Inflation Helps the Rich?
This question is for the people who have read the book "Poor Dad, Rich Dad," by Robert Kiyosaki.
In his book, he states that inflation actually benefits the rich while making the poor even more poor. How is this so when inflation makes money worth less?
- easymacLv 41 decade agoFavorite Answer
The first answer is more on track.
First of all, inflation hurts savers and helps borrowers. Think about it this way: let's say there is currently an inflation rate of 10% per day. You borrow $10 from Jim and he says tomorrow you have to pay him back $11.50 (15%, so he is getting a real interest rate of 5% over the 10% inflation rate). You immediately take your $10 and buy a book with it. However, let's say the inflation rate increases to 20%. Now, your $10 book is worth $12 ($10 + 20%), and you still only have to pay Jim $11.50 tomorrow. In effect, the increased inflation saved you money in that you don't have to pay back your loan in as many (what we call) real dollars.
So how does this benefit the rich? Rich people typically do not have a lot of money sitting around in their houses or simply in banks; most of it is invested, either in physical goods (such as their house, their cars, their swimming pool), or in the stock market in the form of stocks, options, or funds. Also, they tend to have better credit and so take out more loans for the purposes of investing the money in order to make returns on their investments. So when inflation increases, rich people who borrow money benefit by not having to pay back as much (relative to prices), while at the same time all their material goods do not decrease in true value (if they wanted to sell, the prices would move relative to inflation, by definition). Poor people on the other hand do not have many investments made, do not always have good credit and thus cannot get as many or as good loans, and value holding cash more than rich people (which is of course bad if inflation occurs).
Hopefully that can help you understand a bit better.
- 1 decade ago
As you know, inflation happens when the level price goes up. This means that the money lose value.
For example, you can buy a soda with a dollar, but now you need $1.5 dollars to buy it (inflation of 50%), so now one dollar can't buy a soda.
A high inflation affect more poor people than rich people beacause rich people have more money so they still can buy (even the price is higher) and poor people no. If they money lose value they cant get more money to buy essential things. That's what Robert explain. Inflation help to increase the benchmark between rich and poor.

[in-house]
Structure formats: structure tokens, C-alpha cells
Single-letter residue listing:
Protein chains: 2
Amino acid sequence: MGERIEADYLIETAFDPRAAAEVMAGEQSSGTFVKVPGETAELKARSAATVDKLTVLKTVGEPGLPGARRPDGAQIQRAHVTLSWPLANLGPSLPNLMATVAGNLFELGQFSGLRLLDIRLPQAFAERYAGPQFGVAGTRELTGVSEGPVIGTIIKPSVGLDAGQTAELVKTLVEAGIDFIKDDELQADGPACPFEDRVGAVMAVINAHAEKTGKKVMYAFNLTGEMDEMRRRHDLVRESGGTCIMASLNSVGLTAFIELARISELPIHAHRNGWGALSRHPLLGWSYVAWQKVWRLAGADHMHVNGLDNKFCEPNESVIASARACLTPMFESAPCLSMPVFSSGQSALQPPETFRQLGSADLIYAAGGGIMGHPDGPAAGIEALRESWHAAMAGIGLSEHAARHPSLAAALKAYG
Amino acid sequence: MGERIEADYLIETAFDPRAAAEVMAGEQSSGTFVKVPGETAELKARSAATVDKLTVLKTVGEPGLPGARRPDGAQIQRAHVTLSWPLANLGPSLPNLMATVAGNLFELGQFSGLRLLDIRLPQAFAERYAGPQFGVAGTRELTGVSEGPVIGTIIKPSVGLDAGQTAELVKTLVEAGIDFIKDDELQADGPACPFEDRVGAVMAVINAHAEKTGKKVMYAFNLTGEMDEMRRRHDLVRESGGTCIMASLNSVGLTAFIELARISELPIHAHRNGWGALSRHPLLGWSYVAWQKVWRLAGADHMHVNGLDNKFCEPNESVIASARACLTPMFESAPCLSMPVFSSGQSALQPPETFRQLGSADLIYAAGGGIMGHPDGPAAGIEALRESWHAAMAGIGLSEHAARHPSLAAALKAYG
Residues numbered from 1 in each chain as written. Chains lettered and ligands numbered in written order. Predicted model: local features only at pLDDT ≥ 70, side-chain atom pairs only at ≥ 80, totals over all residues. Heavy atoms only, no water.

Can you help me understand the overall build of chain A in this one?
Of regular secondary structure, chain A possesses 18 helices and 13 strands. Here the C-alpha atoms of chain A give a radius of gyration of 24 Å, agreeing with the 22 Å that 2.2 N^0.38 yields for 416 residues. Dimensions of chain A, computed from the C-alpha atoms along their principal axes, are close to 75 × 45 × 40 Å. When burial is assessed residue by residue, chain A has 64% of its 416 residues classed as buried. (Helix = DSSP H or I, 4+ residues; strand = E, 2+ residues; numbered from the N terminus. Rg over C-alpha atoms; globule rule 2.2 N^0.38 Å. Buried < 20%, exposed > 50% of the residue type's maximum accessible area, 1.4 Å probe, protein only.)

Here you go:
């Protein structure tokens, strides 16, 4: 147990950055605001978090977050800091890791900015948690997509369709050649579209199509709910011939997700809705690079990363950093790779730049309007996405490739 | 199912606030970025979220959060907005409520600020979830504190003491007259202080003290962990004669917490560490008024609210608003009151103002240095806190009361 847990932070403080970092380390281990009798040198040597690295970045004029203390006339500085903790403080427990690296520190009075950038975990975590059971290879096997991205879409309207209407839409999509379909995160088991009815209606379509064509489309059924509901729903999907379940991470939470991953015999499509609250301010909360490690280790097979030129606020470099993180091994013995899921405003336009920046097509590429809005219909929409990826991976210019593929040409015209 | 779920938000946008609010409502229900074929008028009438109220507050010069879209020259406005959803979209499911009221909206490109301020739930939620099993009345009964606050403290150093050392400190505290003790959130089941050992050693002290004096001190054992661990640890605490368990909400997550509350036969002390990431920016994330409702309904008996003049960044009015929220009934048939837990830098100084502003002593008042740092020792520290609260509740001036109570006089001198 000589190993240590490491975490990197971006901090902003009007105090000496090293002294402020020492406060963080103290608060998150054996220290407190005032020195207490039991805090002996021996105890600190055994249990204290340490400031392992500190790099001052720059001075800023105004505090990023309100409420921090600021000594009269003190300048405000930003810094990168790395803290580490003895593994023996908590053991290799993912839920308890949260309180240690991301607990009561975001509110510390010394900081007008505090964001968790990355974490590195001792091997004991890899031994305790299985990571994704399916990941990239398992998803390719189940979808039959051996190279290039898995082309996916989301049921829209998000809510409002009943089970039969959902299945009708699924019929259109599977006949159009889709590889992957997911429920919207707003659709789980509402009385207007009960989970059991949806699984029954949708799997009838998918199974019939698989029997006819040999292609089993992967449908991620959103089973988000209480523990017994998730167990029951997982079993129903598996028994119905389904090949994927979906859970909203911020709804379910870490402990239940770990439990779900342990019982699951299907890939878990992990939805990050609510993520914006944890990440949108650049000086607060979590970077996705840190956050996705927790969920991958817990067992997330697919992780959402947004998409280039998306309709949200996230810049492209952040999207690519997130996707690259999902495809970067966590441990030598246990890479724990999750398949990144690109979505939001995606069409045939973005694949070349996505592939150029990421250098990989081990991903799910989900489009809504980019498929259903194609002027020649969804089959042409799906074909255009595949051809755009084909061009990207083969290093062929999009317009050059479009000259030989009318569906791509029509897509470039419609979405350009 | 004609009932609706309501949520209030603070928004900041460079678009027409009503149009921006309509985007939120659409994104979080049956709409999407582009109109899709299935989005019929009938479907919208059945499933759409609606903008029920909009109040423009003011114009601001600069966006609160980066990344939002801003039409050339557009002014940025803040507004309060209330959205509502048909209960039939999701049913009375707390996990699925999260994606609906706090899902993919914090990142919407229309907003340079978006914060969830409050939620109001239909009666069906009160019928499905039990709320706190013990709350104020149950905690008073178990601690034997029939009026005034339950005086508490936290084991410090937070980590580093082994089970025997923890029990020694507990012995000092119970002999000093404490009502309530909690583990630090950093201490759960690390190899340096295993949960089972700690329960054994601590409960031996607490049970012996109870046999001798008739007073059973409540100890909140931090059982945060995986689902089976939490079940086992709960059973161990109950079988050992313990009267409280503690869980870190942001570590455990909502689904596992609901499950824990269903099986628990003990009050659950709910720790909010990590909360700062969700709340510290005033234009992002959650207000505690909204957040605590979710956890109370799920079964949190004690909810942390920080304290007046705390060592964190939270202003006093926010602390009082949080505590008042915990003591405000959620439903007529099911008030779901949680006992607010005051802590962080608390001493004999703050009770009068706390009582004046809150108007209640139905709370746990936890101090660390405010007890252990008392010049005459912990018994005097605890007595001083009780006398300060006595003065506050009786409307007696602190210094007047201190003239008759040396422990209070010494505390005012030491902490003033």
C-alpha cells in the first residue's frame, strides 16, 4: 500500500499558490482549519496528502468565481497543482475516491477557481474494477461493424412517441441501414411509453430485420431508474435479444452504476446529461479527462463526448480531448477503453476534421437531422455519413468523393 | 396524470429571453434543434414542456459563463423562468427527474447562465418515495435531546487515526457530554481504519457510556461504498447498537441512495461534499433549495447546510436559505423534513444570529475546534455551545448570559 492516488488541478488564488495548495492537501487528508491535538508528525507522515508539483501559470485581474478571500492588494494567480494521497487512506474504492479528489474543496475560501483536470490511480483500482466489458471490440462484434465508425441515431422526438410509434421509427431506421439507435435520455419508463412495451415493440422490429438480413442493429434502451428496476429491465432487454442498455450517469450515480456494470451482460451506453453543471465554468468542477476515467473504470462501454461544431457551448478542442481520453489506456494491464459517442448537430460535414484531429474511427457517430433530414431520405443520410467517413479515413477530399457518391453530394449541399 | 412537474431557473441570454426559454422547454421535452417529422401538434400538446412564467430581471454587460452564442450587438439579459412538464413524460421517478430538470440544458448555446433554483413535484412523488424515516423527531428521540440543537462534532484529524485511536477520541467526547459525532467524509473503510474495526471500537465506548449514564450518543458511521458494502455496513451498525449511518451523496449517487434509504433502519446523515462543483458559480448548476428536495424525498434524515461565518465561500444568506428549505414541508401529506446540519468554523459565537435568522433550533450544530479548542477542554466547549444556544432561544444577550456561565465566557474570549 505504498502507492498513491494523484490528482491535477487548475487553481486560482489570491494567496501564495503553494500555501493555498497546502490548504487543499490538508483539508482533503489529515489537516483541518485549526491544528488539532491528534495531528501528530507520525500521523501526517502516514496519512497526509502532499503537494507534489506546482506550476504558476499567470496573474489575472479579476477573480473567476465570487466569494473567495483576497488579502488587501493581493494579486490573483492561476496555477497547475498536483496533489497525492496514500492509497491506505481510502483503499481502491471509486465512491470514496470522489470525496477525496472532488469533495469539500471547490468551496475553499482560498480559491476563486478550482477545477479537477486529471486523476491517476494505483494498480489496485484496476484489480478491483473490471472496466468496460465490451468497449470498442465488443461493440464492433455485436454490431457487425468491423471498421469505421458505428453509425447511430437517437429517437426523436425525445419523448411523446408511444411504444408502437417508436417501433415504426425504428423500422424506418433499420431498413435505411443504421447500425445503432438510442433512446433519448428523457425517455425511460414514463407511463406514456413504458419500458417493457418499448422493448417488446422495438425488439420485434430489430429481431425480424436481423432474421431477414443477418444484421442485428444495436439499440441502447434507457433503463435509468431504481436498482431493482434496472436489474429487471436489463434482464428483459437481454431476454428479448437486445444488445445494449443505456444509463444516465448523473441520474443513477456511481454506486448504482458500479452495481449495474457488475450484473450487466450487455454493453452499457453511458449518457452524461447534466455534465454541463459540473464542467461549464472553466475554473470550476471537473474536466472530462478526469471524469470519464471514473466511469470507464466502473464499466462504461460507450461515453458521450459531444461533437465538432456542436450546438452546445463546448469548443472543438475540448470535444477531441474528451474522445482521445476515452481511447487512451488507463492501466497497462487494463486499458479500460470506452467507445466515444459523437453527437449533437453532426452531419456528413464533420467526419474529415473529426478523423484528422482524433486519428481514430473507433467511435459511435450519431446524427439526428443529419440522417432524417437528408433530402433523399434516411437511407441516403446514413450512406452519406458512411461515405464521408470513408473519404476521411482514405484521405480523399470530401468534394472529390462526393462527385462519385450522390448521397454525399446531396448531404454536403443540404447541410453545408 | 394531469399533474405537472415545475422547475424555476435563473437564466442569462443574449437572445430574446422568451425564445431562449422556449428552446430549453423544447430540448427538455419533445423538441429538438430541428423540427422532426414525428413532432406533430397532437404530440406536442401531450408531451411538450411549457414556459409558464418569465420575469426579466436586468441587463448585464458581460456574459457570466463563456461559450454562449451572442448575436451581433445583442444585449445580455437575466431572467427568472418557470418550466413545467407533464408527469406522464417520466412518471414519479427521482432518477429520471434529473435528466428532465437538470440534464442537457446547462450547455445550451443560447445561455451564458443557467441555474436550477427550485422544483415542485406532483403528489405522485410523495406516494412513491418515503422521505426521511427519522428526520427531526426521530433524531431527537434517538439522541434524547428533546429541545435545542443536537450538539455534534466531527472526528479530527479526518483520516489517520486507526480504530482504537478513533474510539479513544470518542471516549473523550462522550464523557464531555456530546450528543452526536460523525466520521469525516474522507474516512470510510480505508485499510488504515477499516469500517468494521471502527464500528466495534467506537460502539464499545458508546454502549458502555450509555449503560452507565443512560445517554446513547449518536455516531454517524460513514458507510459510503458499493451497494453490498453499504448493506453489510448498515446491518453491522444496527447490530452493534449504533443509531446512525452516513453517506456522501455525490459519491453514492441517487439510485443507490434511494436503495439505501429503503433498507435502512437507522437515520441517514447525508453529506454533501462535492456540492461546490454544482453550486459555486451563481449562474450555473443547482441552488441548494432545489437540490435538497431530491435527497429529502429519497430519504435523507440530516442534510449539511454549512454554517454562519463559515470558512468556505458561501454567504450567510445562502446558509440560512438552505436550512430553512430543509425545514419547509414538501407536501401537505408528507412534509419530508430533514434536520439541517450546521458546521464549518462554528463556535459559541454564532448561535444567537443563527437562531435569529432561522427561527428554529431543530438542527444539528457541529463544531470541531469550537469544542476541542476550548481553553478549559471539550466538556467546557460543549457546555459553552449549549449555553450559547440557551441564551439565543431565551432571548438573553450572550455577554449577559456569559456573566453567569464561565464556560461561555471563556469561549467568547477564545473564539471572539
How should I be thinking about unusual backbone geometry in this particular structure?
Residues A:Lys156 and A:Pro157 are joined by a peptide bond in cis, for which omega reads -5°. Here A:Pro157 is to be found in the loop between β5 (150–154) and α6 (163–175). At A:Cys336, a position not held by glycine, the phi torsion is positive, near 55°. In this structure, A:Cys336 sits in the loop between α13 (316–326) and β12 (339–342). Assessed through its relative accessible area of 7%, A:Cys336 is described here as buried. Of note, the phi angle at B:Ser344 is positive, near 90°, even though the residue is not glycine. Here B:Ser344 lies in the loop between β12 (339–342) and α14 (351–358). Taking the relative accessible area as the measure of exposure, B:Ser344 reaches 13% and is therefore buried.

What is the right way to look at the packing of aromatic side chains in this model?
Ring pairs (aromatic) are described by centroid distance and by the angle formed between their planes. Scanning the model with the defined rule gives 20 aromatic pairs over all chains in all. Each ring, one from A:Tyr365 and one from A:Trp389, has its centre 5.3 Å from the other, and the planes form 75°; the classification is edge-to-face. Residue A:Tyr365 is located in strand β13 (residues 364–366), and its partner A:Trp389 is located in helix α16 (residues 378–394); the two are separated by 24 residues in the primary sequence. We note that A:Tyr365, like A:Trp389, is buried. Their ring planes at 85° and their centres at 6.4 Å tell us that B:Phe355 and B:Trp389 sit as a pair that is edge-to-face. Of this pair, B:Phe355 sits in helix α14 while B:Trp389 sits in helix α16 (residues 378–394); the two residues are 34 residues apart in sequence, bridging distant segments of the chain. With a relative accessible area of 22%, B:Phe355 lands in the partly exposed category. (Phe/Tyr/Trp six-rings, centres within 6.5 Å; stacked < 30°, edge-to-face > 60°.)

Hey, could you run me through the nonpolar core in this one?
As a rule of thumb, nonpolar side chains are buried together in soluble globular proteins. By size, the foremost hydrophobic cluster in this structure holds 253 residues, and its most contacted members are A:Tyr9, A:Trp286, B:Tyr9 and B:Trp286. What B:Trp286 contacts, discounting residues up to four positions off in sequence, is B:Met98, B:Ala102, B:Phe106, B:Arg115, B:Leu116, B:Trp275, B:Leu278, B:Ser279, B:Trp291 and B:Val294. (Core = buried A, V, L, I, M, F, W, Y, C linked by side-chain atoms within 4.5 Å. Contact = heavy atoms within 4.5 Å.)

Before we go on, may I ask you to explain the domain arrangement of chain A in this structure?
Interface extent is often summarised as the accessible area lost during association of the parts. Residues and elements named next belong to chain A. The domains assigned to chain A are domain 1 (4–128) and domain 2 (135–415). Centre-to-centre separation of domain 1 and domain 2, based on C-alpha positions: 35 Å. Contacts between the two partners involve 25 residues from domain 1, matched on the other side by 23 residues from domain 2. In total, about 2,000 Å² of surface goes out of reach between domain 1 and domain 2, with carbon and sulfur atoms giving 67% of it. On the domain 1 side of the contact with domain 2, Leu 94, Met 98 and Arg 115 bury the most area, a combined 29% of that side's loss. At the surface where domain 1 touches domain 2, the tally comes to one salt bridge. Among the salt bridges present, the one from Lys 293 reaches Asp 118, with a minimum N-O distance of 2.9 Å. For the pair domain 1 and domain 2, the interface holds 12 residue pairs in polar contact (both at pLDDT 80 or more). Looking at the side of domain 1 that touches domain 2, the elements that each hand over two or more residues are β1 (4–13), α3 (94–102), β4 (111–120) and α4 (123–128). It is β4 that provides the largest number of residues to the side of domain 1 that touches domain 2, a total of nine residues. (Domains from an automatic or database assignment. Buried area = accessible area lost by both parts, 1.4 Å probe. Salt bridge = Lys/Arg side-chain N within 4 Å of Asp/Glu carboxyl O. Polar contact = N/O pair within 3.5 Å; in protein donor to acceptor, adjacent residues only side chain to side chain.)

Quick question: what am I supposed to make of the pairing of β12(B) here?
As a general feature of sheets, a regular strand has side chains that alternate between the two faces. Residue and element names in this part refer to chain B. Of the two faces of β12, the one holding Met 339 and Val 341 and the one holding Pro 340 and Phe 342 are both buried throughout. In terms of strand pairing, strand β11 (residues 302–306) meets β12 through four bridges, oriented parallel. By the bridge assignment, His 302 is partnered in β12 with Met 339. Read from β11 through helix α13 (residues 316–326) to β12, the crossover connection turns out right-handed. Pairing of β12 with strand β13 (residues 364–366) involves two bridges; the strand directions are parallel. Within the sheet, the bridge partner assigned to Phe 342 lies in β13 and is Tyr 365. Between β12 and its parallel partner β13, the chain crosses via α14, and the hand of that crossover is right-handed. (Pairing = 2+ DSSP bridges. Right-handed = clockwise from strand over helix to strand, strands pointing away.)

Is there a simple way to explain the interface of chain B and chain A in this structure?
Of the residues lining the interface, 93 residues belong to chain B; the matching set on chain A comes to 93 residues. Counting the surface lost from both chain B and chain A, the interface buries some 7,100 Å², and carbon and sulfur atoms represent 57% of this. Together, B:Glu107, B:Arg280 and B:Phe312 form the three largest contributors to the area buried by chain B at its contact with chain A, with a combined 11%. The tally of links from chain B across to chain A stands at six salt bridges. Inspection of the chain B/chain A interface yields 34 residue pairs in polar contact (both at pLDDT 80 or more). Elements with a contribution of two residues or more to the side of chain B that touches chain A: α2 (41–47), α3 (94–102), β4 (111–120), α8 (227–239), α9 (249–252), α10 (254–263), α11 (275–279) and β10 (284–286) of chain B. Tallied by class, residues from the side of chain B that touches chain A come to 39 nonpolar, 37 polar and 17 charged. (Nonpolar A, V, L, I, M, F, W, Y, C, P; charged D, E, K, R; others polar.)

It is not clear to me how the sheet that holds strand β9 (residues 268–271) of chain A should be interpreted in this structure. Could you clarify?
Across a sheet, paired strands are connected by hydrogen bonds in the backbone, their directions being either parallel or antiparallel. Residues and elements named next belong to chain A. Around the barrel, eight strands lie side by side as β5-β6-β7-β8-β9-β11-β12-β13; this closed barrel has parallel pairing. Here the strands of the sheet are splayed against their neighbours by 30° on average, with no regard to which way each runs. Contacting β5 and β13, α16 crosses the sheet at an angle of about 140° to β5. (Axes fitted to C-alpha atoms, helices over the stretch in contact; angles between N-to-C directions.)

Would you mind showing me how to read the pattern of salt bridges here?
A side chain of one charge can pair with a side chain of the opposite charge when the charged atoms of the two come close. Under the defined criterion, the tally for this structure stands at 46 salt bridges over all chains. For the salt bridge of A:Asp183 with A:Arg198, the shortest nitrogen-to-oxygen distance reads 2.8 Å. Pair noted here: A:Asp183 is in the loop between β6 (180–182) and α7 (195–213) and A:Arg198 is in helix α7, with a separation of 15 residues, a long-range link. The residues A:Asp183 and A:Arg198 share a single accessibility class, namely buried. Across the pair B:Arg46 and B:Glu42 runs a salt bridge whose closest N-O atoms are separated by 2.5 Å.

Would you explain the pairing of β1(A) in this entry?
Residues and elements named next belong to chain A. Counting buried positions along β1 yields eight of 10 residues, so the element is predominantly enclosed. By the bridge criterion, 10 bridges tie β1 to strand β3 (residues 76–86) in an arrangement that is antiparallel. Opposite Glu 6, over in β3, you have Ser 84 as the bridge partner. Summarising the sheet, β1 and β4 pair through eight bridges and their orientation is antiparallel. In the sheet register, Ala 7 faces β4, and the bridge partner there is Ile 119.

BUT isnt true that inflation helps rich people, just they are less afected by the inflation than poor people(but they are affected). With big rates of inflation everybody would be affected negatively and with little rates of inflation (1%, for example), no one would be afected.
- NCLv 71 decade ago
Whenever Robert Kiyosaki says anything, you'd be well advised to assume it's not true. Inflation does not benefit the rich; in fact, serious economists have long known that inflation and wealth concentration are inversely related. Inflation benefits the government at the expense of the private sector. Here's how Keynes once put it:
By a continuing process of inflation, governments can confiscate, secretly and unobserved, an important part of the wealth of their citizens. By this method they not only confiscate, but they confiscate arbitrarily; and, while the process impoverishes many, it actually enriches some. The sight of this arbitrary rearrangement of riches strikes not only at security, but at confidence in the equity of the existing distribution of wealth. Those to whom the system brings windfalls, beyond their deserts and even beyond their expectations or desires, become 'profiteers,' who are the object of the hatred of the bourgeoisie, whom the inflationism has impoverished, not less than of the proletariat.
[End of quote]
- haggismoffatLv 51 decade ago
true inflation only hurts those who hold money or those with fixed interest rates for their savings.
inflation can be a positive if it was not predicted and you have fixed rates interest for liabilities. This is due to the nominal rate follows inflation so with a fixed rate you can actually see a nagative interest rate on housing loans. The bad point is the same can happen to bond holders
- How do you think about the answers? You can sign in to vote the answer.
- carolynLv 45 years ago
I also asked this same question many times, and haven't gotten an answer